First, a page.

MIT Student Hiking from Georgia to Maine

by Amy Marcott on March 23, 2011 · 2 comments

in Athletics, Student Life

For the next few months, MIT sophomore Gabe Blanchet will be living a life much different from his fellow students: He’s through-hiking the Appalachian Trail–all 2,179 miles of it–by himself. And then he’s going to write a book about it.

Blanchet isn’t actually alone. In one of his first blog entries from the trail–made seven days after his late-February start–he said he had already met more than 100 other hikers who, like him, intended to walk from Georgia to Maine. Blanchet had befriended several and was already well-acquainted with some of the ups and downs of trail life. On three consecutive mornings he had awakened to unexpected snow, icy boots, a frozen camera, and searing pain in his heels. He had also experienced some of the best parts of the trail, showing up at his first trail hostel to find it stocked with food, laundry, a warm bed, and hot showers–plus an owner who accepted payment on the honor code.

Why Hike?

In some of his pre-hike blog posts, Blanchet described his reasons for wanting to undertake such a lengthy and strenuous adventure. For one thing, Blanchet is an athlete: At MIT he plays hockey and lacrosse, and from the looks of his blog, he does a fair amount of camping, skiing, and backpacking on the side.

He also likes to write. At a young age, his mother made him keep a journal that he was required to write in daily. He maintained that practice until he was in sixth grade, lapsed for a few years, and then resumed in ninth grade. Blanchet says he has also been inspired by adventure writers, including Bill Bryson.

I first read Bryson’s A Walk in the Woods about his journey along the Appalachian Trail (AT) three summers ago after graduating from high school, and immediately knew that I would someday have to hike the AT. I pulled out my journal and added the hike to my ever expanding bucket list.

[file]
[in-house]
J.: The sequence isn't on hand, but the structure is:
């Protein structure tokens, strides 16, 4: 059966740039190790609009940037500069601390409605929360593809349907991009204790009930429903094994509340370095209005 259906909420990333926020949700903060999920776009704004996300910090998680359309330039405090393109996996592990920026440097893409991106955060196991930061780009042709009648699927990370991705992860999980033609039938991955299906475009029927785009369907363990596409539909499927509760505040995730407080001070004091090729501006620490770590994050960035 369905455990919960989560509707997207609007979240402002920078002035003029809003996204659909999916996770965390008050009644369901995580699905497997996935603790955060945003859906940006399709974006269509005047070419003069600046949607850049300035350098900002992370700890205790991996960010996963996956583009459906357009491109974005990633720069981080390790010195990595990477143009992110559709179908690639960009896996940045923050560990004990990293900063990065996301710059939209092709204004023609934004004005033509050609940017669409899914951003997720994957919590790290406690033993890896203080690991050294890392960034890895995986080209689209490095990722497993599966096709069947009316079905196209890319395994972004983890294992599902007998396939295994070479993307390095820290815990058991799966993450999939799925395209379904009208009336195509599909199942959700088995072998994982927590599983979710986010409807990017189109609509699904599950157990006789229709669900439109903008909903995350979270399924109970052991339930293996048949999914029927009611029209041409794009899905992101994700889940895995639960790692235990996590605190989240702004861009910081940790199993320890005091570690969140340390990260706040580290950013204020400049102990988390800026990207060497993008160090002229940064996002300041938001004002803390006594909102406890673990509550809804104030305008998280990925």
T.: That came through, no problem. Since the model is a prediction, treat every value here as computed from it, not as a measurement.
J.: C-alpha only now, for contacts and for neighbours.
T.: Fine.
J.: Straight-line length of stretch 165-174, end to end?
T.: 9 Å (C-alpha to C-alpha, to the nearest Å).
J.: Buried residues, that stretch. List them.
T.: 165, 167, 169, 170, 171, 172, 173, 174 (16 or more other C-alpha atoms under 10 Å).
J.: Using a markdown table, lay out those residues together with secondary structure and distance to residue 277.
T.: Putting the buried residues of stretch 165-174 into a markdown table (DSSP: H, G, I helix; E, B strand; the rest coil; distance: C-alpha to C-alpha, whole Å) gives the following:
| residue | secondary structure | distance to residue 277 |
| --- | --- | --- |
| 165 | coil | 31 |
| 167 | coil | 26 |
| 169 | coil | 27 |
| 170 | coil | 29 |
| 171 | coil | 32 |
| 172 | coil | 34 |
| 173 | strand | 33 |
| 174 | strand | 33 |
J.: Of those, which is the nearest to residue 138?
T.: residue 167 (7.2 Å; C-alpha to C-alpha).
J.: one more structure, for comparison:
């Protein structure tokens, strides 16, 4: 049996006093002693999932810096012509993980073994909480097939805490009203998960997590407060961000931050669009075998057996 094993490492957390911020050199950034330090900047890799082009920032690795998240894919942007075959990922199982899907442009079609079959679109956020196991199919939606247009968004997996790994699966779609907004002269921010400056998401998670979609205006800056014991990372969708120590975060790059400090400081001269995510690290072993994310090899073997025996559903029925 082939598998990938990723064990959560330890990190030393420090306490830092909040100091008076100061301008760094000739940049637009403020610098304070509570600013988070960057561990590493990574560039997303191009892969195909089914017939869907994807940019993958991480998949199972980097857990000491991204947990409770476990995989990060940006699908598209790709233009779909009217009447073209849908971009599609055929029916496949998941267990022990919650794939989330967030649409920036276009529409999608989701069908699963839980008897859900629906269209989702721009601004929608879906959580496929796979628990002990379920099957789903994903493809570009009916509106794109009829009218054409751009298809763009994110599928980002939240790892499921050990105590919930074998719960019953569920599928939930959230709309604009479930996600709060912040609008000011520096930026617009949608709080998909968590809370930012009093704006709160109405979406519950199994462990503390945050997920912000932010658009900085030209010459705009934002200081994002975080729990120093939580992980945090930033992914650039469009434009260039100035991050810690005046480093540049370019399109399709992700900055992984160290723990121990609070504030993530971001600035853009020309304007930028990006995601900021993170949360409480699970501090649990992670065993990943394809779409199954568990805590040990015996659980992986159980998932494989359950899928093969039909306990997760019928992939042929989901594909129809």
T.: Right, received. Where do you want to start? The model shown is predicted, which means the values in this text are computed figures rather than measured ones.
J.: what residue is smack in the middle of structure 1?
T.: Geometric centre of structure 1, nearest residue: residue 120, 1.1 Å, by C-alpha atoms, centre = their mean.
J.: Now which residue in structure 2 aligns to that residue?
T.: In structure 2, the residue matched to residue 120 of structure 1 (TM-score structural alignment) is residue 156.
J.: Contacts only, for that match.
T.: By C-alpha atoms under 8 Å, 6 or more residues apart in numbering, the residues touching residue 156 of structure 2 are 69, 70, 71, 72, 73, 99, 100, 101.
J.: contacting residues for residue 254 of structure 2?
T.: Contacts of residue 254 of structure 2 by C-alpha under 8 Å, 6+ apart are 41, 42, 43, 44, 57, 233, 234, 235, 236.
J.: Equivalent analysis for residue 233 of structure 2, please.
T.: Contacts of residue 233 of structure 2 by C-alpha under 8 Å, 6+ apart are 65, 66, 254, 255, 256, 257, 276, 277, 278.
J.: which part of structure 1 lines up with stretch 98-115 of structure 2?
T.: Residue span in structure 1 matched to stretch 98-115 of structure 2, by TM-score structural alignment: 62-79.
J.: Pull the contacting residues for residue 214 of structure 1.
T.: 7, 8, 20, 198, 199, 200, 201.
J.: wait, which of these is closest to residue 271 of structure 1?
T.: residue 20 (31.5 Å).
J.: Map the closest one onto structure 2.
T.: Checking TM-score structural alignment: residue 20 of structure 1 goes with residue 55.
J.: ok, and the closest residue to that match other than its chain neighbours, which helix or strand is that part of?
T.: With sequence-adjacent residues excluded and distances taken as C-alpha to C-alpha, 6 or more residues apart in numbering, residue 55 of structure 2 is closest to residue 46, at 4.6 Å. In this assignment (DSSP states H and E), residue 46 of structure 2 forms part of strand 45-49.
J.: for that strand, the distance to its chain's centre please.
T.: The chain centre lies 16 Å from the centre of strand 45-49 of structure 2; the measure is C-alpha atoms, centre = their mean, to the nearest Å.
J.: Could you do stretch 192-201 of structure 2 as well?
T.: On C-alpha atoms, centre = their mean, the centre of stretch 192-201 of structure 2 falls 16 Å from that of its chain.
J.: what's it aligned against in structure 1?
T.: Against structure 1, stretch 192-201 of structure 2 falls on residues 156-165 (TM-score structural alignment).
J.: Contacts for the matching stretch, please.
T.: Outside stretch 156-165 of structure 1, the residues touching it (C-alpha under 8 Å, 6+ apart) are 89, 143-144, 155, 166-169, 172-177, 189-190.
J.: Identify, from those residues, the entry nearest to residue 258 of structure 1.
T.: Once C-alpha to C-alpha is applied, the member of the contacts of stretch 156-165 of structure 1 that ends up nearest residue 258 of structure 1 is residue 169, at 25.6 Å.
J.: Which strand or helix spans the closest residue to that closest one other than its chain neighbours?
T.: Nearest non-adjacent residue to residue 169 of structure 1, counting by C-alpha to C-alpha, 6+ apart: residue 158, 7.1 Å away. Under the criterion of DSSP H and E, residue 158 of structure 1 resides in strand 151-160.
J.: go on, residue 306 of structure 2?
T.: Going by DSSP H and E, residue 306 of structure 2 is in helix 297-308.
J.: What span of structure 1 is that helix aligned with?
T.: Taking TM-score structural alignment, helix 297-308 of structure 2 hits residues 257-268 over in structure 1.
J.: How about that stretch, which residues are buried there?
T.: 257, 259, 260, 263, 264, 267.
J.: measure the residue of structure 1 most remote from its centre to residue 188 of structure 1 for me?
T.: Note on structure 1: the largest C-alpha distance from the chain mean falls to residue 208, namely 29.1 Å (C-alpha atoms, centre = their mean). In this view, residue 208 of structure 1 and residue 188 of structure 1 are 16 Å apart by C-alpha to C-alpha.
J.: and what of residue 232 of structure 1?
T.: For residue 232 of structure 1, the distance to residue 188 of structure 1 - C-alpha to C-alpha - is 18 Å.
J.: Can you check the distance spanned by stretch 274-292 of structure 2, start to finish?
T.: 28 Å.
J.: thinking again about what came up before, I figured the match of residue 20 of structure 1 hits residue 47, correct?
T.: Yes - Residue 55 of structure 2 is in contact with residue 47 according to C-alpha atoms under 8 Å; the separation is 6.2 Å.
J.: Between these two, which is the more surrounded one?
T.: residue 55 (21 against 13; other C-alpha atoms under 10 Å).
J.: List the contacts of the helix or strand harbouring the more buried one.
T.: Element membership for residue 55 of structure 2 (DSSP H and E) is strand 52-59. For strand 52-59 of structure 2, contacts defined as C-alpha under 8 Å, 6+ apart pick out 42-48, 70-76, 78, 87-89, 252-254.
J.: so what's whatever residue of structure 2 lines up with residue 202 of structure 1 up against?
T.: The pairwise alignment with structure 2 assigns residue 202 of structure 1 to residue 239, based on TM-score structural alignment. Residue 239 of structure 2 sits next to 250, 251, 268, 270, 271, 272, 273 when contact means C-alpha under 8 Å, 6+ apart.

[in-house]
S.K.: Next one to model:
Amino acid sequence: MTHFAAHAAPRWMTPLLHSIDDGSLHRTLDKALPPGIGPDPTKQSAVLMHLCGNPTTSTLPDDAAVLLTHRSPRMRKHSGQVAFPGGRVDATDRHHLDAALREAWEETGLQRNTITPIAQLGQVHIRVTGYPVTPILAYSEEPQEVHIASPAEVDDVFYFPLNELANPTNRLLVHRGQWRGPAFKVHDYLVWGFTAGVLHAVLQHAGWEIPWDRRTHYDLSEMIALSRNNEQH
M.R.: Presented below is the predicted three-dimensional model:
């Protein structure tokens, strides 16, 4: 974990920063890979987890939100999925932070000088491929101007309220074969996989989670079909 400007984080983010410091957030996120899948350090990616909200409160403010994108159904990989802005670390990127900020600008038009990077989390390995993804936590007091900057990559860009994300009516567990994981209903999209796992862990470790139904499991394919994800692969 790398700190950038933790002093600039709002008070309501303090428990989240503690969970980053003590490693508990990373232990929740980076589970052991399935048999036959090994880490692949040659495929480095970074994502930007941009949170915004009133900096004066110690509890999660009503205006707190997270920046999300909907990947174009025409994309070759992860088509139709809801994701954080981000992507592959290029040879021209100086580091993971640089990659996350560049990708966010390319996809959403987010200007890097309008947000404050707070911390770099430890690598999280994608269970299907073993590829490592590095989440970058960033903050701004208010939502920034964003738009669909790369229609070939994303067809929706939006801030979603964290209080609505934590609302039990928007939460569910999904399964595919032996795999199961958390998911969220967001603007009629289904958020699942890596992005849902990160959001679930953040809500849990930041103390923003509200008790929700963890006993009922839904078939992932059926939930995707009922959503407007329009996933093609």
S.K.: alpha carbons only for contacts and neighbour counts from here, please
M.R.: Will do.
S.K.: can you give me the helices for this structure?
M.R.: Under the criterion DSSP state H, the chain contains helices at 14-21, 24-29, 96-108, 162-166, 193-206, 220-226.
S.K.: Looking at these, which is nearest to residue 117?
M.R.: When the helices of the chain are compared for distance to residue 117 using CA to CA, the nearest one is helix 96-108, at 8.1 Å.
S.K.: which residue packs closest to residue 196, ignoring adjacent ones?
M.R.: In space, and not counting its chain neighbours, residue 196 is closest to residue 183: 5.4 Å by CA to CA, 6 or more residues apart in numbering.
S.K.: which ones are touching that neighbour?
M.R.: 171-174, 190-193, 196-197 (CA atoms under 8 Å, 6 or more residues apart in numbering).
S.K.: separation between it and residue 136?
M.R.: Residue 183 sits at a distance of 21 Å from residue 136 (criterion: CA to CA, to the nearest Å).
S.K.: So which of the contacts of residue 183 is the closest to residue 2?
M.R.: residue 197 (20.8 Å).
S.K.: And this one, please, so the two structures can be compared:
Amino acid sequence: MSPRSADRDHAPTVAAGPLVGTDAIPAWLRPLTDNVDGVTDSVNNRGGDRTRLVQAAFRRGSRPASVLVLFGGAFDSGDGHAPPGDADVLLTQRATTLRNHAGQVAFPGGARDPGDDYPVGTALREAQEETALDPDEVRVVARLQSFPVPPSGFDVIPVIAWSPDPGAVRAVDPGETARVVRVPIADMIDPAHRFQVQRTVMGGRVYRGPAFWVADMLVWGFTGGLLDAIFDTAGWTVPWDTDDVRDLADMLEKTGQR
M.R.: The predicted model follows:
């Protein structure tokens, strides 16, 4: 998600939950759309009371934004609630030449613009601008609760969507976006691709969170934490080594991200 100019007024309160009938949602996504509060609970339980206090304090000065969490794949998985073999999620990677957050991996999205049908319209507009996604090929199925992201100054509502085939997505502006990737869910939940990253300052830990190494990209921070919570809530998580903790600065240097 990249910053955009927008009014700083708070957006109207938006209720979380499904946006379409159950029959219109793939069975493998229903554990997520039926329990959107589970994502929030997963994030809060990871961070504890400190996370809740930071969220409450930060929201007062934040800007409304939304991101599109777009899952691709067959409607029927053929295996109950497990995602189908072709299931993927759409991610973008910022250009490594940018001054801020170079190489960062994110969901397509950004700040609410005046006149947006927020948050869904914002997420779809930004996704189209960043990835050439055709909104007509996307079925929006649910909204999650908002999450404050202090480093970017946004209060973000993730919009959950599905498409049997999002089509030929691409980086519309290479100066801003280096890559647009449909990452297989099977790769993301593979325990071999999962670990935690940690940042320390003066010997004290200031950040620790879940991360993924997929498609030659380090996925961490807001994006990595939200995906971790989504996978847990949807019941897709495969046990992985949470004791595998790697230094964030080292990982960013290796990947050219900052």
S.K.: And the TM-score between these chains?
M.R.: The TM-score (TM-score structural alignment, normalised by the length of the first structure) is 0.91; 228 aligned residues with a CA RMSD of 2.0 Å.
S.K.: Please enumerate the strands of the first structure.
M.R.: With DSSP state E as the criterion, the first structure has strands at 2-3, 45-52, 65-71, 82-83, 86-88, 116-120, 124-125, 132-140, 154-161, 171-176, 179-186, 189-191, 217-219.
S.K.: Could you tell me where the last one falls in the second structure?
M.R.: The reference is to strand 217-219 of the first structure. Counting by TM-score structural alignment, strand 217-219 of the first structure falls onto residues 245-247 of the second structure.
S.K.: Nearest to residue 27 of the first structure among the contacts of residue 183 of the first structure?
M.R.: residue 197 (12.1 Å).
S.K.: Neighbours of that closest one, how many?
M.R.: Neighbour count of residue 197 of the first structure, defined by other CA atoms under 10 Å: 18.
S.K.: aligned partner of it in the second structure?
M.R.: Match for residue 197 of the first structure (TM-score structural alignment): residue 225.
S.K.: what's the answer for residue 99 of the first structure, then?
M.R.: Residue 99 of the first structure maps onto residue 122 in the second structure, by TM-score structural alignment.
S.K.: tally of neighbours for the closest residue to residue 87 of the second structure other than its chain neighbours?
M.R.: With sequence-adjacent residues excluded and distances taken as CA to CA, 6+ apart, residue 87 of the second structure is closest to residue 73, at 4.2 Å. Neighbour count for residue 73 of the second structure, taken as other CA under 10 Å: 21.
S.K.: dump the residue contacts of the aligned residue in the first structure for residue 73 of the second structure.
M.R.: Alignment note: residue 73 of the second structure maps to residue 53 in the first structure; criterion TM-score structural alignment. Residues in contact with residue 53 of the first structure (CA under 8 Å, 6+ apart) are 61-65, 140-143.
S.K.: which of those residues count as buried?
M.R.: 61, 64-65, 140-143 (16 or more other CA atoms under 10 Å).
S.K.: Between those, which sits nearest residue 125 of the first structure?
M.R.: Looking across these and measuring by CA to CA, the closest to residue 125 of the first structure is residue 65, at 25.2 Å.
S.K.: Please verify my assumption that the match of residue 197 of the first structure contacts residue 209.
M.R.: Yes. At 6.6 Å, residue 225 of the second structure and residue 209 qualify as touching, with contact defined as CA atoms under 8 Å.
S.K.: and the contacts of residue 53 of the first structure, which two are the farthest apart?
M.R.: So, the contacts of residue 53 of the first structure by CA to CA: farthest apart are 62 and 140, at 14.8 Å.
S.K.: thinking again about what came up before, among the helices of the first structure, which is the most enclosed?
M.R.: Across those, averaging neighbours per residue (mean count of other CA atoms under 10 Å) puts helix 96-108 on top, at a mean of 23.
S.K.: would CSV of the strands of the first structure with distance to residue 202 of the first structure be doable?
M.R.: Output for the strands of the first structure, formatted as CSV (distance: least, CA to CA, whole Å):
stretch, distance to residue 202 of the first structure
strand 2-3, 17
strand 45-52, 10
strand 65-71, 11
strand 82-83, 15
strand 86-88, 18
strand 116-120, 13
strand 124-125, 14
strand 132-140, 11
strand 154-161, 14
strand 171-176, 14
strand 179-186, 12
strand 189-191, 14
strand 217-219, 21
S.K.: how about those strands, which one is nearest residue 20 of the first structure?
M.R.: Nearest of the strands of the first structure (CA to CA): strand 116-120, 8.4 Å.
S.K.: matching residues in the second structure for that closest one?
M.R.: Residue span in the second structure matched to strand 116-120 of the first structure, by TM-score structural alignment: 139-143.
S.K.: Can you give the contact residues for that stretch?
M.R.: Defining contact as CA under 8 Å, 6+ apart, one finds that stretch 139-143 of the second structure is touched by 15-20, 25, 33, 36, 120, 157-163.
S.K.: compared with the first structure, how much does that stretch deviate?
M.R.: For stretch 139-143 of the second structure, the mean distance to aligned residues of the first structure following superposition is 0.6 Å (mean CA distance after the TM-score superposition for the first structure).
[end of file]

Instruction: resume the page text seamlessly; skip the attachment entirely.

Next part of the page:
Later this summer, after Blanchet completes the AT, he plans to meet with Bryson to discuss the author’s hiking and writing experiences. Blanchet also intends to enroll in a few writing workshops and will be seeking guidance from Andrea Walsh, a lecturer in MIT’s Program in Writing and Humanistic Studies.

Yet another component of Blanchet’s interest in the AT is altruistic. His mother practices medicine in western Massachusetts, and on several occasions she talked to Blanchet about the need for increased support of juvenile diabetes research. So Blanchet is asking people to donate one cent per mile (or more) to support the Juvenile Diabetes Research Foundation (JDRF). Half of what he raises will go to JDRF, and the other half will go to his most generous donor’s choice of charity.

Keeping Current

Even though Blanchet spends most of his time putting one foot in front of the other, news from the outside world eventually reaches the trail. In fact, Blanchet says that conversations about current events have made for some of the most interesting experiences so far.

Instead of reading news on Google about the earthquakes and tsunamis terrorizing Japan, someone will mention current events around a campfire as we all rest our sore feet after dinner. Non-rushed meaningful discussion ensues comparing and contrasting this disaster to Katrina and Haiti, examining efforts to aid Japan, discussing the safety of nuclear power plants etc. Fellow hikers have diverse backgrounds and bring fresh perspectives to each discussion. Although my friends and professors at MIT have a much deeper understanding of the science behind the disasters, I find Trail discussions to be refreshingly interdisciplinary and enlightening. Often other hikers turn to me for answers to the technical questions. It’s really fun to try to explain the basics by patching together information from the core science classes at MIT.

Want to Get Involved?

Read his blog: http://gabehikestheat.tumblr.com/

Donate to the Juvenile Diabetes Research Foundation: http://gabehikestheat.tumblr.com/DONATIONPAGE

Send him snacks! Blanchet picked up his first mail drop at the Fontana Post Office in North Carolina. Sent by his mom, it contained brownies, dehydrated dinners, jelly beans, beef jerky and oatmeal–enough food to last him six days. You too can send Blanchet snacks. We at Slice will post the proper address and deadline as soon as the information is available. Stay tuned!!

{ 1 comment… read it below or add one }

Hiking Guy August 12, 2011 at 12:16 pm

From a fellow through-hiker, good luck and don’t forget to stop and enjoy the journey!

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